Luis is a 36-year-old advertising specialist who recently moved from Berlin to São Paulo and is now planning his wedding. His soon-to-be bride, who is also 36-years-old, is black and works as a maid. She has opened the doors of her home to him with a big smile. In a few weeks they will take their official wedding photos and in about another two months they will get married before a notary. After the ceremony, they will kiss each other and then say good-bye.
Luis is homosexual and met his soon-to-be "wife" on Facebook. His marriage is a sham so that he can get his legal working papers in Brazil.
"I am a little bit scared but I know three Germans in Rio de Janeiro and one American in São Paulo who have done this," says Luis.
The scheme is similar to the wave of false matrimonies that took place in Europe in the early 1990s, when people would pay up to 10,000 euros to marry a Spaniard in order to get legal papers.
When Brazil's Federal Police visit Luis at home as part of the process before authorizing his work permit, they will ask the neighbors about the couple, closely scrutinize photographs, and rummage through drawers to determine if he genuinely loves his wife. If he passes the test, Luis could become a nationalized Brazilian within a year.
If discovered, Luis and his wife could both face five years in jail.
But if discovered, Luis and his woman could face criminal fraud charges that could put them both in jail for five years. And after he serves his time, Luis could be expelled from the country. But he isn't worried. The other alternative is for him to remain in the country illegally and not earn a regular salary.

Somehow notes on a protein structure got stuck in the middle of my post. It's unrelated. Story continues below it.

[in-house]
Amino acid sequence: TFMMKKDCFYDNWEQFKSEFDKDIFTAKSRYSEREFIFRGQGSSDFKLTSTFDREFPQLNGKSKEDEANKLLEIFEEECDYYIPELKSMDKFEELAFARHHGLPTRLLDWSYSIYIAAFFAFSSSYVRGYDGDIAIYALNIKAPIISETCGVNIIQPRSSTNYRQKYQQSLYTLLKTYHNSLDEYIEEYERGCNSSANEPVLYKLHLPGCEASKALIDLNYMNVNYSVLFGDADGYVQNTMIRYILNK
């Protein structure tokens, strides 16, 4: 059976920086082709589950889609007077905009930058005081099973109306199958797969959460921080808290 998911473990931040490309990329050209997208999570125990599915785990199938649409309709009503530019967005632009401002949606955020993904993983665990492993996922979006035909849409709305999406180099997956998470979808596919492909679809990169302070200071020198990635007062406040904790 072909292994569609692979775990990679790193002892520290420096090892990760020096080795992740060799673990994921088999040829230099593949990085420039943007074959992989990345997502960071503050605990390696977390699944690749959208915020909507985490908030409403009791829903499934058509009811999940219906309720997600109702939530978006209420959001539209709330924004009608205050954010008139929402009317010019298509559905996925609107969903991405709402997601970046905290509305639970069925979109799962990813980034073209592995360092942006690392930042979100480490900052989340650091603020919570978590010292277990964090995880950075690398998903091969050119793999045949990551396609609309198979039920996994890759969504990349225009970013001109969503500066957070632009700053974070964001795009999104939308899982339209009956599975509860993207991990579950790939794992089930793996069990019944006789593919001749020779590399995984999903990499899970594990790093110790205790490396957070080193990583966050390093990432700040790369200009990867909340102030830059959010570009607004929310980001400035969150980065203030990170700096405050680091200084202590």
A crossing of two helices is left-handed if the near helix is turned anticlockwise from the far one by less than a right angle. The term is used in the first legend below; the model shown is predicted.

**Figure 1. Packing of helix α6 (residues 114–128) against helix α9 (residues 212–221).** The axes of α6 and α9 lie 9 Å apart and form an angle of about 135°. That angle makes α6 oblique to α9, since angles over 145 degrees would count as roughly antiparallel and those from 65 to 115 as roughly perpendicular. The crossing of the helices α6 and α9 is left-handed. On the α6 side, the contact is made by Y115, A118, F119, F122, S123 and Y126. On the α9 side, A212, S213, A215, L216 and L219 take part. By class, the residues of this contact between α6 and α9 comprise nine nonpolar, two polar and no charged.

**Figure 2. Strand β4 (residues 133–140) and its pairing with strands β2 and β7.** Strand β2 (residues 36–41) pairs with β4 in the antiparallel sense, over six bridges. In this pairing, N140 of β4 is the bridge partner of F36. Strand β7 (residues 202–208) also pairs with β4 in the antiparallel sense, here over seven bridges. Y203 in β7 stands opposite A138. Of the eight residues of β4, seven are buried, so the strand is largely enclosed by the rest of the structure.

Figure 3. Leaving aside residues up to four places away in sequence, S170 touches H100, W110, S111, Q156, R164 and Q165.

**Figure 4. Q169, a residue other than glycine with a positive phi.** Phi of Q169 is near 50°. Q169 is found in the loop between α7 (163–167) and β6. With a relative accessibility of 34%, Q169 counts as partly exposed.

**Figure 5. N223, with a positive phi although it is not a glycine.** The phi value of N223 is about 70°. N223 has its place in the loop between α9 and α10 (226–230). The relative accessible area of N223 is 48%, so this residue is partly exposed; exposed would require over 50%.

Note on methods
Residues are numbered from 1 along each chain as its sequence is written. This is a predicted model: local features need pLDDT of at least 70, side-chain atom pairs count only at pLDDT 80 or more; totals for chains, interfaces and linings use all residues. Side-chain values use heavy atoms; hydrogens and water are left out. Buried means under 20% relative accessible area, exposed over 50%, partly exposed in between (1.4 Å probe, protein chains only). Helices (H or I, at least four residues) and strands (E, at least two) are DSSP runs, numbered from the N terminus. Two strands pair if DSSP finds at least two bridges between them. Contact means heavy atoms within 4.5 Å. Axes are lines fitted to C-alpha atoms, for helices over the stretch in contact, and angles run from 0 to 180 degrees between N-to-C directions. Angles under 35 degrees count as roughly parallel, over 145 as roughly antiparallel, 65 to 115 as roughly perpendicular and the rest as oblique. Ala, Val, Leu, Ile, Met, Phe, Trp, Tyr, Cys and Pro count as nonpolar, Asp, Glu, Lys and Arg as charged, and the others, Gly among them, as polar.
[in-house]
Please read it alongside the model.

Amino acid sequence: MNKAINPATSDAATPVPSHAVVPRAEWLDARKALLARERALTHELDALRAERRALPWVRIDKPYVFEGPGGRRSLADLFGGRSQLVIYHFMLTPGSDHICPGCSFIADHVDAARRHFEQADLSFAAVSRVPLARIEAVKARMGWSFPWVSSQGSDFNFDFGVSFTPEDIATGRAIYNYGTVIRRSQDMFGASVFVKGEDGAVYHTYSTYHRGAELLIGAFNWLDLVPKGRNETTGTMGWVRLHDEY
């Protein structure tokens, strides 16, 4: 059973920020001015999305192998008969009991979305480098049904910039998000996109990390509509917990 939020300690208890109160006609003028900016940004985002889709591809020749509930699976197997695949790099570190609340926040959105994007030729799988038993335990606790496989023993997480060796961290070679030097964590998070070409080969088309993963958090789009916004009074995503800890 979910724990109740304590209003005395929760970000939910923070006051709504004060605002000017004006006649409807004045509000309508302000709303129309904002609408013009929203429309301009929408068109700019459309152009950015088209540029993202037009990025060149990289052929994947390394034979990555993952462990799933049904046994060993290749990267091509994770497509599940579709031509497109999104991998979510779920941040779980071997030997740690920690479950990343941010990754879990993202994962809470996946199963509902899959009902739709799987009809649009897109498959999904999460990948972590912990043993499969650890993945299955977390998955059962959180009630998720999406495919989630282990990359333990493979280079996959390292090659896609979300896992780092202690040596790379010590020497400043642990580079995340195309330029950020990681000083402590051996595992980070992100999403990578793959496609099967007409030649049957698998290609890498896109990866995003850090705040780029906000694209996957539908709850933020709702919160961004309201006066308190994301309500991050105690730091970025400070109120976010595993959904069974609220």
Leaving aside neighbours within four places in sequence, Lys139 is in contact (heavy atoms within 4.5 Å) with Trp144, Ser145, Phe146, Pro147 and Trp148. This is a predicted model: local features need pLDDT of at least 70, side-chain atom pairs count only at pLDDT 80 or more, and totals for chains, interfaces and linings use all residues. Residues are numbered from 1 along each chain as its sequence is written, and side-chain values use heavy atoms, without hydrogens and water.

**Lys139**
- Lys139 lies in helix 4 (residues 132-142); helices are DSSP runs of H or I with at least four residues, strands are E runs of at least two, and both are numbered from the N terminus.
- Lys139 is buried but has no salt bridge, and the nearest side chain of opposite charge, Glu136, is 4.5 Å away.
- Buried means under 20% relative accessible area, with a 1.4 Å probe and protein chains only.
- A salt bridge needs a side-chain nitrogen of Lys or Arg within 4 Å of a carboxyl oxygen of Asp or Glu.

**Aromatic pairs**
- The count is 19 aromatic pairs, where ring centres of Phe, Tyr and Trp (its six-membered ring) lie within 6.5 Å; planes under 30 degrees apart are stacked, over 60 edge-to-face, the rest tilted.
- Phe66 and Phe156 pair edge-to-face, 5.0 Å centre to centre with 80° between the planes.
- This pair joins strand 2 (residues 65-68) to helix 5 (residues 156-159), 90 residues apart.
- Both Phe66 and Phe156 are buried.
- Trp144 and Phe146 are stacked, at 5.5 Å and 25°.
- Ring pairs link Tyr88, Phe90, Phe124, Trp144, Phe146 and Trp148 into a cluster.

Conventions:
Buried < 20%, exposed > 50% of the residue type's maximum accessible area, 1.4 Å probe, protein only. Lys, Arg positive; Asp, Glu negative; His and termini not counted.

From 2009 to 2010, visa requests through marriage increased by 95 percent to 6,303 petitions, according to Brazil's Justice Ministry. In 2011, the figures fell, with 3,479 petitions from foreigners requesting visas. About 13 percent were denied.
When Carlos, another Spaniard, came to São Paulo, he met with a lawyer and found out how difficult it was for him to get a visa. "You have to demonstrate that the work you do cannot be performed by a Brazilian and the bureaucracy is enormous," he says.
"The lawyer spoke to me about the possibility of a common law union with a Brazilian but we never discussed any type of fraud even though he knew that we were not together."
Carlos spoke to his roommate, telling her: "I have a job for you, but this is my budget." He paid her 3,000 reals, or 1,200 euros.
They spent four months gathering papers, and their friends helped them with their photographs to prove their romance.
Common law unions with foreigners are very popular in Brazil. Spaniards, after Germans and Britons, make up the third-largest nationality that forms partnerships with Brazilians.
Two weeks ago Luis met Carlos, 34, who is from Barcelona, for the first time. The requirements for a common law union, which allows gays to register as domestic partners in Brazil, are much stricter than those relating to marriage - the couple must have a joint bank account, life insurance policy in both their names, etc. But the authorities do not inspect them regularly unless they suspect fraud.
With 24.6 percent unemployment in Spain and 10.4 percent throughout Europe, Brazil has become a popular destination for the jobless. The South American giant only has about five percent unemployment. In Brazil, there are 100,622 Spaniards - 28 percent more than three years ago - according to Spain's National Statistics Institute (INE).
Pedro, a 28-year-old physical education teacher, opted to marry to save money and time having to travel back to Spain and file his petition papers with the Brazilian embassy. But his family has no idea that he is planning to tie the knot.